An account focusing on the encounters between the Maori and Pakeha-or European settlers-and the process of mutual discovery from 1642 to around 1840, this New Zealand history book argues that both groups inhabited a middle ground in which neither could dictate the political, economic, or cultural rules of engagement. By looking at economic, religious, political, and sexual encounters, it offers a strikingly different picture to traditional accounts of imperial Pakeha power over a static, resistant Maori society. With fresh insights, this book examines why mostly beneficial interactions between these two cultures began to merge and the reasons for their subsequent demise after 1840.
Vincent O'Malley is a Pakeha New Zealander, the author of Agents of Autonomy: Maori Committees in the Nineteenth Century,and the coauthor of The Beating Heart: A Political and Socio-Economic History of Te Arawa. He is also the a coeditor of The Treaty of Waitangi Companion: Maori and Pakeha from Tasman to Today.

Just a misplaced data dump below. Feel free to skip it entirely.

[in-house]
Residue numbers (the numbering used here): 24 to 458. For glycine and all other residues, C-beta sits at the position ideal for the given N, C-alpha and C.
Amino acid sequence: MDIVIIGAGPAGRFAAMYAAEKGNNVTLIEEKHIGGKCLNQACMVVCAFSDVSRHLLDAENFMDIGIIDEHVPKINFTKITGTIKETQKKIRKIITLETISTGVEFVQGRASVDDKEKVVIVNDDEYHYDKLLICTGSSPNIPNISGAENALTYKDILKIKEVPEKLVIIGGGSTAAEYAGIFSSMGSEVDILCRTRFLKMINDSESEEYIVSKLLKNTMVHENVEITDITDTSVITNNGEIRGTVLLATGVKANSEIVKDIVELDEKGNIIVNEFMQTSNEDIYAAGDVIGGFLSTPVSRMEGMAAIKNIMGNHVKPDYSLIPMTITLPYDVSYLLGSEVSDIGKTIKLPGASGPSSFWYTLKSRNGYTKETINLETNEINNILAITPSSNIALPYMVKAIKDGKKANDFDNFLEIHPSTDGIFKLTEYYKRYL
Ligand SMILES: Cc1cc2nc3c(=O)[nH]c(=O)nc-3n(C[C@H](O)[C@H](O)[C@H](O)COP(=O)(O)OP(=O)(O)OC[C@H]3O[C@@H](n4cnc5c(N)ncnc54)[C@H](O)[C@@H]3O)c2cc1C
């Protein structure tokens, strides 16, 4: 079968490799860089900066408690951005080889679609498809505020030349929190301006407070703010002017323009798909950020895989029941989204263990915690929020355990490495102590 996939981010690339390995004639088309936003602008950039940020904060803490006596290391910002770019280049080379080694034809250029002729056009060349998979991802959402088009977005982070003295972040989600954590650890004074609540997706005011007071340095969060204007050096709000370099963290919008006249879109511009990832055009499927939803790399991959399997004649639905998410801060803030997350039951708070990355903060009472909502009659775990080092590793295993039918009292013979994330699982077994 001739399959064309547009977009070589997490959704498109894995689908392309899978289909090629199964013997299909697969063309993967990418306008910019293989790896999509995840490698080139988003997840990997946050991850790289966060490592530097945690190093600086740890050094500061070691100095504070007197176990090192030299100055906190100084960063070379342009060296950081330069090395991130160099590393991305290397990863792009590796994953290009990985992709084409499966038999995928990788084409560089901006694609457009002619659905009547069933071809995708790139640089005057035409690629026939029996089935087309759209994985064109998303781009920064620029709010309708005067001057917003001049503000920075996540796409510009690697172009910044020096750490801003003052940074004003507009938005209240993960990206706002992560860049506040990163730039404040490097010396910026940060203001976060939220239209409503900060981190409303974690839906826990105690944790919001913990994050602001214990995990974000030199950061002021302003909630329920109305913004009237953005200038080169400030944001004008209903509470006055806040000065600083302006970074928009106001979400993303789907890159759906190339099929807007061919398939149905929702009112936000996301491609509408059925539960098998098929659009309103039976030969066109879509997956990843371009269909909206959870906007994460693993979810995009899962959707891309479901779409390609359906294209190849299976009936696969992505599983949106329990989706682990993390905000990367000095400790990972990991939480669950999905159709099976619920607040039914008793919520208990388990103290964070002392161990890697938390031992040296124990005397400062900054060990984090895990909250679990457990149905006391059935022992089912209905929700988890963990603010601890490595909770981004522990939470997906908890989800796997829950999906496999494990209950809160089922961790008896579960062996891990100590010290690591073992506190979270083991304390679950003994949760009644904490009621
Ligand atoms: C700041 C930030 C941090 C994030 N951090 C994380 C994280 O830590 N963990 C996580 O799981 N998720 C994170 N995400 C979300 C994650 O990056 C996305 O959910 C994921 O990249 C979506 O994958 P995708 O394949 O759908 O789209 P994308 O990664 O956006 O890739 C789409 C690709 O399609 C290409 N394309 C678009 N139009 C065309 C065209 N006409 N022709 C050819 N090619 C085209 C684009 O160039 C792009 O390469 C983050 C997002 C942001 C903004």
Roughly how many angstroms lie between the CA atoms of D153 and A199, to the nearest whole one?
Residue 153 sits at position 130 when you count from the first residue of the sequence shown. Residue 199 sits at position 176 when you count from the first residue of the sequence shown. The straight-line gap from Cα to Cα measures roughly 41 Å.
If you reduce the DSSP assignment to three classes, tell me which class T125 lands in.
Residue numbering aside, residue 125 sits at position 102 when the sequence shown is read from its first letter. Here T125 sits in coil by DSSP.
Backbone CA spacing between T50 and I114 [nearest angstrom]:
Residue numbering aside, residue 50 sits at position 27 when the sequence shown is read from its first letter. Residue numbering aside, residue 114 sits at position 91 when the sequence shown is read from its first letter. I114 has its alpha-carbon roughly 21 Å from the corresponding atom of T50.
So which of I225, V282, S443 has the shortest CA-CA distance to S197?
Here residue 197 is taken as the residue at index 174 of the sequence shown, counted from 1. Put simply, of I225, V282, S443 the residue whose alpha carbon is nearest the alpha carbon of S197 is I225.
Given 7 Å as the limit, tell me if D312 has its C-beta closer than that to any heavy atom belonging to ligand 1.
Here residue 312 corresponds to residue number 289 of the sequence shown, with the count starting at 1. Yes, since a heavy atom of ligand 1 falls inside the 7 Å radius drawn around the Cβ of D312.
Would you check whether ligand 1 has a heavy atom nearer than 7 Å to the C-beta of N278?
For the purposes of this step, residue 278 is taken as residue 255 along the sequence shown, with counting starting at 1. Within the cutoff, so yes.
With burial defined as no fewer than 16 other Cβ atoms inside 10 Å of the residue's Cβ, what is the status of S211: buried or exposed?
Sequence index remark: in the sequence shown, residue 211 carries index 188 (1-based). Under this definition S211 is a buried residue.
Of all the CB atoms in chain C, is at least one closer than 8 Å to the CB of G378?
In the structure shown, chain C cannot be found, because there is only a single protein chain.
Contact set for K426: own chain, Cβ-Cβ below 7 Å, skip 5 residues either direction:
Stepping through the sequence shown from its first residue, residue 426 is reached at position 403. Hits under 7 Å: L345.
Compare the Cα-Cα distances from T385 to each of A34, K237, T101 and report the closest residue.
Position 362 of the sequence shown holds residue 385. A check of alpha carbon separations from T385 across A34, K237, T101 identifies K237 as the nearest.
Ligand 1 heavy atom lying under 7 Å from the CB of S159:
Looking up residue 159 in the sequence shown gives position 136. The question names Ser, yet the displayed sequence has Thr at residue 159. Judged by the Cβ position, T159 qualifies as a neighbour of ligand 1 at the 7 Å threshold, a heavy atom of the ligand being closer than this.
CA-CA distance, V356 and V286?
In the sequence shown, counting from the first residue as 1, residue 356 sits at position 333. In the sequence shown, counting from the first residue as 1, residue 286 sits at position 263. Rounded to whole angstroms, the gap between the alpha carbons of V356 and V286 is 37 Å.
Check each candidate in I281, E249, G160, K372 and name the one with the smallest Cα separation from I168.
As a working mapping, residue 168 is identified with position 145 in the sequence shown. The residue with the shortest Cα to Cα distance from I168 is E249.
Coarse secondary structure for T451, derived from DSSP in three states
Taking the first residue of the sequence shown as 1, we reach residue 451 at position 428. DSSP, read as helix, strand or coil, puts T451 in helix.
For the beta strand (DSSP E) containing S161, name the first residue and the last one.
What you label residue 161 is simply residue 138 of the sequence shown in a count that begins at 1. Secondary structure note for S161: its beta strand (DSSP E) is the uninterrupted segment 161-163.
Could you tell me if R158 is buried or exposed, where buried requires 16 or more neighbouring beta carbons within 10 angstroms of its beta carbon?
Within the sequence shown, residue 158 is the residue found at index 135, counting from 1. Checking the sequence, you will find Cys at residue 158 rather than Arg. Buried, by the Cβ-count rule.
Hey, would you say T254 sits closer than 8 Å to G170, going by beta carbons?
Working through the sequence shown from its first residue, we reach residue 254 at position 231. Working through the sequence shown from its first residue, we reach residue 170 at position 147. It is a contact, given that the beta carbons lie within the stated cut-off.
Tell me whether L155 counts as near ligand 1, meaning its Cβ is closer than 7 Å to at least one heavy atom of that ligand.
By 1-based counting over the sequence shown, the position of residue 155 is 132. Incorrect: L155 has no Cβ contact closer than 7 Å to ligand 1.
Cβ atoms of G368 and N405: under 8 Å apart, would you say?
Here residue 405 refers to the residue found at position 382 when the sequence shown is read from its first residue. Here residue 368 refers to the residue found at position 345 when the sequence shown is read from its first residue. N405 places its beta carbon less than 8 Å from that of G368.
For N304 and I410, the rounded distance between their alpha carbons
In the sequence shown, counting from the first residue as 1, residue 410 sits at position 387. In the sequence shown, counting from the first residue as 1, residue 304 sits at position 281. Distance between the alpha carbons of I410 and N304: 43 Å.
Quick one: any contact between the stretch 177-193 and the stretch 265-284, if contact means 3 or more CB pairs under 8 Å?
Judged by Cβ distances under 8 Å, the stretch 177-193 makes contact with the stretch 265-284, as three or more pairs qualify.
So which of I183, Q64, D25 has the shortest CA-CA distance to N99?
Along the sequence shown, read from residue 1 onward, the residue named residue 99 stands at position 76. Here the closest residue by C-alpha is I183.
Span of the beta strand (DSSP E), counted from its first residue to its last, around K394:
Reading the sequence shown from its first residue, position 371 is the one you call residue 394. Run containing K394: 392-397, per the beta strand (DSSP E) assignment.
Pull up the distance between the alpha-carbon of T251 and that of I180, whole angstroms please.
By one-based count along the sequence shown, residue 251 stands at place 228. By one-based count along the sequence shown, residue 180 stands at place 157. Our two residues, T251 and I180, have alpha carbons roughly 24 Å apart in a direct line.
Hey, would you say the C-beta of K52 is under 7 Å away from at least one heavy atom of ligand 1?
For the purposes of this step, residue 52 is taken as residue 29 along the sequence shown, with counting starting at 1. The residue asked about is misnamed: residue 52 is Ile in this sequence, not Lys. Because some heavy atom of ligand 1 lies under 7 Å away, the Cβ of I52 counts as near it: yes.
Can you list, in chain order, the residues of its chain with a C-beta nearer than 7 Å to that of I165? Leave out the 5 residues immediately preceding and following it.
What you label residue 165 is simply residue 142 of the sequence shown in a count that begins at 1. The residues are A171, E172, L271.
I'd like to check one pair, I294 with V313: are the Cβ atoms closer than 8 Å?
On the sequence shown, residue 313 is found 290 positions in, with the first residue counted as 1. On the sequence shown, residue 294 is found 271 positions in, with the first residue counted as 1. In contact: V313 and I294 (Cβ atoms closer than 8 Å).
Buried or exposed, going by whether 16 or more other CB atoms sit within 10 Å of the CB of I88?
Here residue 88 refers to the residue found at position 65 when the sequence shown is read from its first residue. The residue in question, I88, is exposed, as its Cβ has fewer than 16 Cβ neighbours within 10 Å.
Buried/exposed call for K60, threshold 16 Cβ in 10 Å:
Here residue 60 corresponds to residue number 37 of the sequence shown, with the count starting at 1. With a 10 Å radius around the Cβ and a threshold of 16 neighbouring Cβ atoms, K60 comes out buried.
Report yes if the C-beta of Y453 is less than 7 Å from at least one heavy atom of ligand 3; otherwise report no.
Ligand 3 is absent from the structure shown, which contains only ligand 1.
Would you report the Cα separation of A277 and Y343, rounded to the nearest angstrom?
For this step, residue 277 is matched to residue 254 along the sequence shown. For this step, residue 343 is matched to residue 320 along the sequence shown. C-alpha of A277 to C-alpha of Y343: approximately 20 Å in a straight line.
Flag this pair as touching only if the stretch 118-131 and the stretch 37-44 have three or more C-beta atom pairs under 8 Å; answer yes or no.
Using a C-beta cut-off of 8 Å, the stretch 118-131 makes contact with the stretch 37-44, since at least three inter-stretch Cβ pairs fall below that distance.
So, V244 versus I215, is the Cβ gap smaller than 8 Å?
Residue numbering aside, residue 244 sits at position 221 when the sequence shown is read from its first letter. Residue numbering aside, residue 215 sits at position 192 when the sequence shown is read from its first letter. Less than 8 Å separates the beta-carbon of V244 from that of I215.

Table of Contents -- Acknowledgements -- List of Abbreviations -- 1. Introduction -- 2. First Encounters -- 2.1 Becoming Maori, becoming Pakeha -- 2.2 Before the middle ground - Tasman and the time of mutual incomprehension -- 2.3 Cross-cultural travels: Cook, Banks and Tupaia in Aotearoa -- 2.4 The French connection: Jean-Francois Marie de Surville in Tai Tokerau -- 2.5 The tribe of Marion': Marion du Fresne's bloody encounter -- 3. Strangers Landing in Strange Lands -- 3.1 Kawana Kingi and the Norfolk Island connection -- 3.2 A native abroad: Savage and Moehanga -- 3.3 A tragic liaison: George Bruce and Atahoe -- 3.4 Deepsea whalers and Maori -- 3.5 Clashing cultures: the burning of the Boyd -- 3.6 A regal visit: Hongi Hika in London and the aftermath -- 3.7 Kupe's journe -- 4. On the Middle Ground: Maori and Pakeha, c. 1814-1840 -- 4.1 Importing missionaries: Ruatara and Marsden -- 4.2 The missionary challenge -- 4.3 Saving souls abroad: Tuai and Titere in England -- 4.4 Southern sealers and whalers -- 4.5 Middle New Zealand: early interactions in the Cook Strait region and further north -- 4.6 Jumping ship: further European settlement in the north -- 4.7 Learning to get along with one another: the nature of Maori and Pakeha relationships before 1840 -- 5. Trading Relationships: The Commercial Frontier -- 5.1 Commerce and gift exchange -- 5.2 Trade and agriculture -- 5.3 Selling services -- 5.4 New wants and needs -- 5.5 Ownership and use rights -- 5.6 'Tuku whenua' and land dealings -- 6. Sex on the Frontier -- 6.1 Sex and sailors -- 6.2 The sexual politics of the frontier -- 7. Subverting Conversion? Religious Encounters -- 7.1 Understanding Maori 'conversion' -- 7.2 A unique form of Christianity? -- 7.3 Tapu and other customs -- 8. The Political World of Aotearoa before 1840 -- 8.1 The evolving role of rangatira in the pre-Waitangi era -- 8.2 Taua muru -- 8.3 Runanga and komiti -- 8.4 A dying people? 9. The Impact of Cultural Encounter on the New Zealand Frontier -- 10. The End of the Middle Ground, c. 1840-1860 -- Notes -- Bibliography.